Sunday, September 04, 2016

For the Record

How much (supernatural) prudence is required for the discernment of whether someone has entered into the glory of God or not, as opposed to the movement of the Holy Spirit? It makes sense to me for this to be left in the hands of the local bishop, who might have more of a familiarity with the person in question, or at least with the local cult of that person, as opposed to using a bureaucratic means of assessing that person's holiness. It also makes sense for that person to be adopted into the local liturgical calendar first, and then adopting that feast in the universal calendar of that rite, after the cult has spread, etc. But do bishops no longer have that "authority" to change the local liturgical calendar? Or is it a right that they can reclaim for themselves from the bishop of Rome?

Does a patriarch have sole authority over the liturgical calendar for his region or "particular Church" or rite?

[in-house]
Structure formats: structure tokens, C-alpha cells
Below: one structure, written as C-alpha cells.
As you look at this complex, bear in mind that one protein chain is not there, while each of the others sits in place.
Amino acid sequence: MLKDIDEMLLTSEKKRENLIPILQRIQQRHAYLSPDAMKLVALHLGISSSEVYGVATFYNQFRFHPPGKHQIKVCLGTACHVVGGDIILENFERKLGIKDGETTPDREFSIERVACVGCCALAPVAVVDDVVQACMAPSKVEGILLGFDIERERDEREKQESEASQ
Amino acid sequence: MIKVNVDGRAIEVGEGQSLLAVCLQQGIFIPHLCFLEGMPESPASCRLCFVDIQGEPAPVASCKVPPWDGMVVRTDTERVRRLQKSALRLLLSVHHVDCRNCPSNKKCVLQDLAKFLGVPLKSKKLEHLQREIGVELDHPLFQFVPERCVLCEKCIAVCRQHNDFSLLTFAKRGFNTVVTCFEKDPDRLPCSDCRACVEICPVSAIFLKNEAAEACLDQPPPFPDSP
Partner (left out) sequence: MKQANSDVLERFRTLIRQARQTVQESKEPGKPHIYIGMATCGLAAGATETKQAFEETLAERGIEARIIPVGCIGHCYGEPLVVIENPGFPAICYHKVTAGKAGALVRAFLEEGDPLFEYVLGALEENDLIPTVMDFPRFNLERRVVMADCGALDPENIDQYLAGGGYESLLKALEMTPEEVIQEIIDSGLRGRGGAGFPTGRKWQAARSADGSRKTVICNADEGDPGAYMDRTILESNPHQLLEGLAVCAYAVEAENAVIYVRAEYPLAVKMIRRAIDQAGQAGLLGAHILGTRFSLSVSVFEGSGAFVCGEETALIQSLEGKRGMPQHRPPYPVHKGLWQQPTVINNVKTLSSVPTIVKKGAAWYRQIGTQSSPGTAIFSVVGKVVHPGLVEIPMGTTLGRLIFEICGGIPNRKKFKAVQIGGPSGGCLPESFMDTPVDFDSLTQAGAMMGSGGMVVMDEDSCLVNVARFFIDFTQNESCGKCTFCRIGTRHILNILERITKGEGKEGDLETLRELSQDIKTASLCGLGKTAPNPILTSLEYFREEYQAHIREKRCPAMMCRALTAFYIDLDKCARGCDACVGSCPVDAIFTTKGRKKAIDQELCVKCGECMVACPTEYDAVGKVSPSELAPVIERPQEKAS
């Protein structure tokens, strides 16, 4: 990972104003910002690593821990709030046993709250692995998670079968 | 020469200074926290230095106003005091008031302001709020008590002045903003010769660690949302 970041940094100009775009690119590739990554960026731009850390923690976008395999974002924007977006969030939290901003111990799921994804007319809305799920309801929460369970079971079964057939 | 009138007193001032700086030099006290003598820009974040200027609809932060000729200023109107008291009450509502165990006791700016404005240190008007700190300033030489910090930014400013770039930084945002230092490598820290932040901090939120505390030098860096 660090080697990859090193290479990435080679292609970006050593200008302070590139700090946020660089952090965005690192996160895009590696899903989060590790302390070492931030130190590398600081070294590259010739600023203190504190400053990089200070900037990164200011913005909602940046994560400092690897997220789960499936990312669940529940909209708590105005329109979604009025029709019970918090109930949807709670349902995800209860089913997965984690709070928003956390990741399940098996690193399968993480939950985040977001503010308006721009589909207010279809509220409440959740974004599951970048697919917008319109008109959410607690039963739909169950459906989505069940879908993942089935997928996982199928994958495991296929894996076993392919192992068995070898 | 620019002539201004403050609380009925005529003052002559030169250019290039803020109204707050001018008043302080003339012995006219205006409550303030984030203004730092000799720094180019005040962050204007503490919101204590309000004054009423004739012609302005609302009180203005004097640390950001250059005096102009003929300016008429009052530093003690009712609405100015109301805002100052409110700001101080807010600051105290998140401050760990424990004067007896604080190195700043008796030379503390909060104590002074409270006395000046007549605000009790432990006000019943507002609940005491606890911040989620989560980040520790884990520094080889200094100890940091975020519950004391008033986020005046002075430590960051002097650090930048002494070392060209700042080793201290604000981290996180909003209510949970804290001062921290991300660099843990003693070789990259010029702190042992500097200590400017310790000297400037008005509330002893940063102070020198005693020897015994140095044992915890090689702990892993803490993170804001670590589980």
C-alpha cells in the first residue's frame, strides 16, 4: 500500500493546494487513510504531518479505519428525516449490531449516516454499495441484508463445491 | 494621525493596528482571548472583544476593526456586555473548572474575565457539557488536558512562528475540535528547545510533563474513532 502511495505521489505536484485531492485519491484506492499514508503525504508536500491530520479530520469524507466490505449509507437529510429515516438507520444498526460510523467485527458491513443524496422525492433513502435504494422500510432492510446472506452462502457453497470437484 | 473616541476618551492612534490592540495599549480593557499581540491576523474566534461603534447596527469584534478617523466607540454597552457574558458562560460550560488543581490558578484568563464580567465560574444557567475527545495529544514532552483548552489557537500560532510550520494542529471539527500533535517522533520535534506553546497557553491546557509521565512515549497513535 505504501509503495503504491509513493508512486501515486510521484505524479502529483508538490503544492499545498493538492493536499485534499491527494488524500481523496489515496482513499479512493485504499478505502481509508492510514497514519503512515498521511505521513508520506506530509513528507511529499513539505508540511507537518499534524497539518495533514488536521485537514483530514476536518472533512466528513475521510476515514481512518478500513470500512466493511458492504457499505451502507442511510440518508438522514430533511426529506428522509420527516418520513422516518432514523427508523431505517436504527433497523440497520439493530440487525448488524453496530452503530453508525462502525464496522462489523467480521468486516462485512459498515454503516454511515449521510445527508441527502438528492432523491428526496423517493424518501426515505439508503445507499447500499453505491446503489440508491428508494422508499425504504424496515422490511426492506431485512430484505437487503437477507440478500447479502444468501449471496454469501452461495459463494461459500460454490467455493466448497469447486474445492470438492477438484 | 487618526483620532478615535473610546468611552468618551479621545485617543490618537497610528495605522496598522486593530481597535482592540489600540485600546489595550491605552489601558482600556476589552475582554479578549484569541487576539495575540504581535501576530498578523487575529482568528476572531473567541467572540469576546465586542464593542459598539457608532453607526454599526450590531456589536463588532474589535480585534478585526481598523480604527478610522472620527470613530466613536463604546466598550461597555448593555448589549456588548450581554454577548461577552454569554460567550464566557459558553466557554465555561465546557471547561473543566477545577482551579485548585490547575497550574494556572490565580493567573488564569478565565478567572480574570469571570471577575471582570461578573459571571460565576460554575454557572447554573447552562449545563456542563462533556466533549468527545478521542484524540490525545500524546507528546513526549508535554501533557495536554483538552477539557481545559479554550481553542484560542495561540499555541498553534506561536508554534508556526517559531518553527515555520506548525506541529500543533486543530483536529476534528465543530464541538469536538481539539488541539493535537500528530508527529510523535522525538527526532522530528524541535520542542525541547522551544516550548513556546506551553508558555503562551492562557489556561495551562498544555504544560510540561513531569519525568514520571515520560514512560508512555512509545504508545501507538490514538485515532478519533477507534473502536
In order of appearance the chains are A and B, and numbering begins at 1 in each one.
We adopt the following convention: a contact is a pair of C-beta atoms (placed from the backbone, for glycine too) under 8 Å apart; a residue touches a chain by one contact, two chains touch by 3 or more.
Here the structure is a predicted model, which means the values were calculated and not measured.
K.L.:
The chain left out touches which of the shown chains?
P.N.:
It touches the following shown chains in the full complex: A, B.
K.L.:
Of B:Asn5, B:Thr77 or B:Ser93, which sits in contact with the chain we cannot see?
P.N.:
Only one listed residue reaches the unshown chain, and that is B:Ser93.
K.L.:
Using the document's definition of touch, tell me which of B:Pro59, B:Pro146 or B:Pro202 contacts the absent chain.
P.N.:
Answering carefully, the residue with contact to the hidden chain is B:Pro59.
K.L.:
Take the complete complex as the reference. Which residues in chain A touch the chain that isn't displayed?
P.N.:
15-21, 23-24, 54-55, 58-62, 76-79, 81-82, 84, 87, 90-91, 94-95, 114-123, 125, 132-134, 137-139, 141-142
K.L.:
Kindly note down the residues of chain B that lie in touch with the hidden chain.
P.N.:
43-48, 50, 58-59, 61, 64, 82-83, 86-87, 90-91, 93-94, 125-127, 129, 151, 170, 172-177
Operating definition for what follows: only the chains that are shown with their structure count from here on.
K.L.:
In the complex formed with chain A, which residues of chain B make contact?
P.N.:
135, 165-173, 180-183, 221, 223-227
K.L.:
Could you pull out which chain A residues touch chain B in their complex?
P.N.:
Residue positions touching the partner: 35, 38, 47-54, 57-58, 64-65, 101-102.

How much of the average Latin Catholic's judgment concerning the sanctity of a person is shaped by that person's exposure through the mass media, a form of "marketing" as it were, rather than by personal familiarity with that person, or knowing someone who is familiar with that person? Should the opinion of someone shaped solely by mass media be taken into consideration in assessing the state of the cult? What role does faith play in the private or public judgment of individuals of someone else's sanctity? Plenty were told Fr. Maciel was a saint and believed it.
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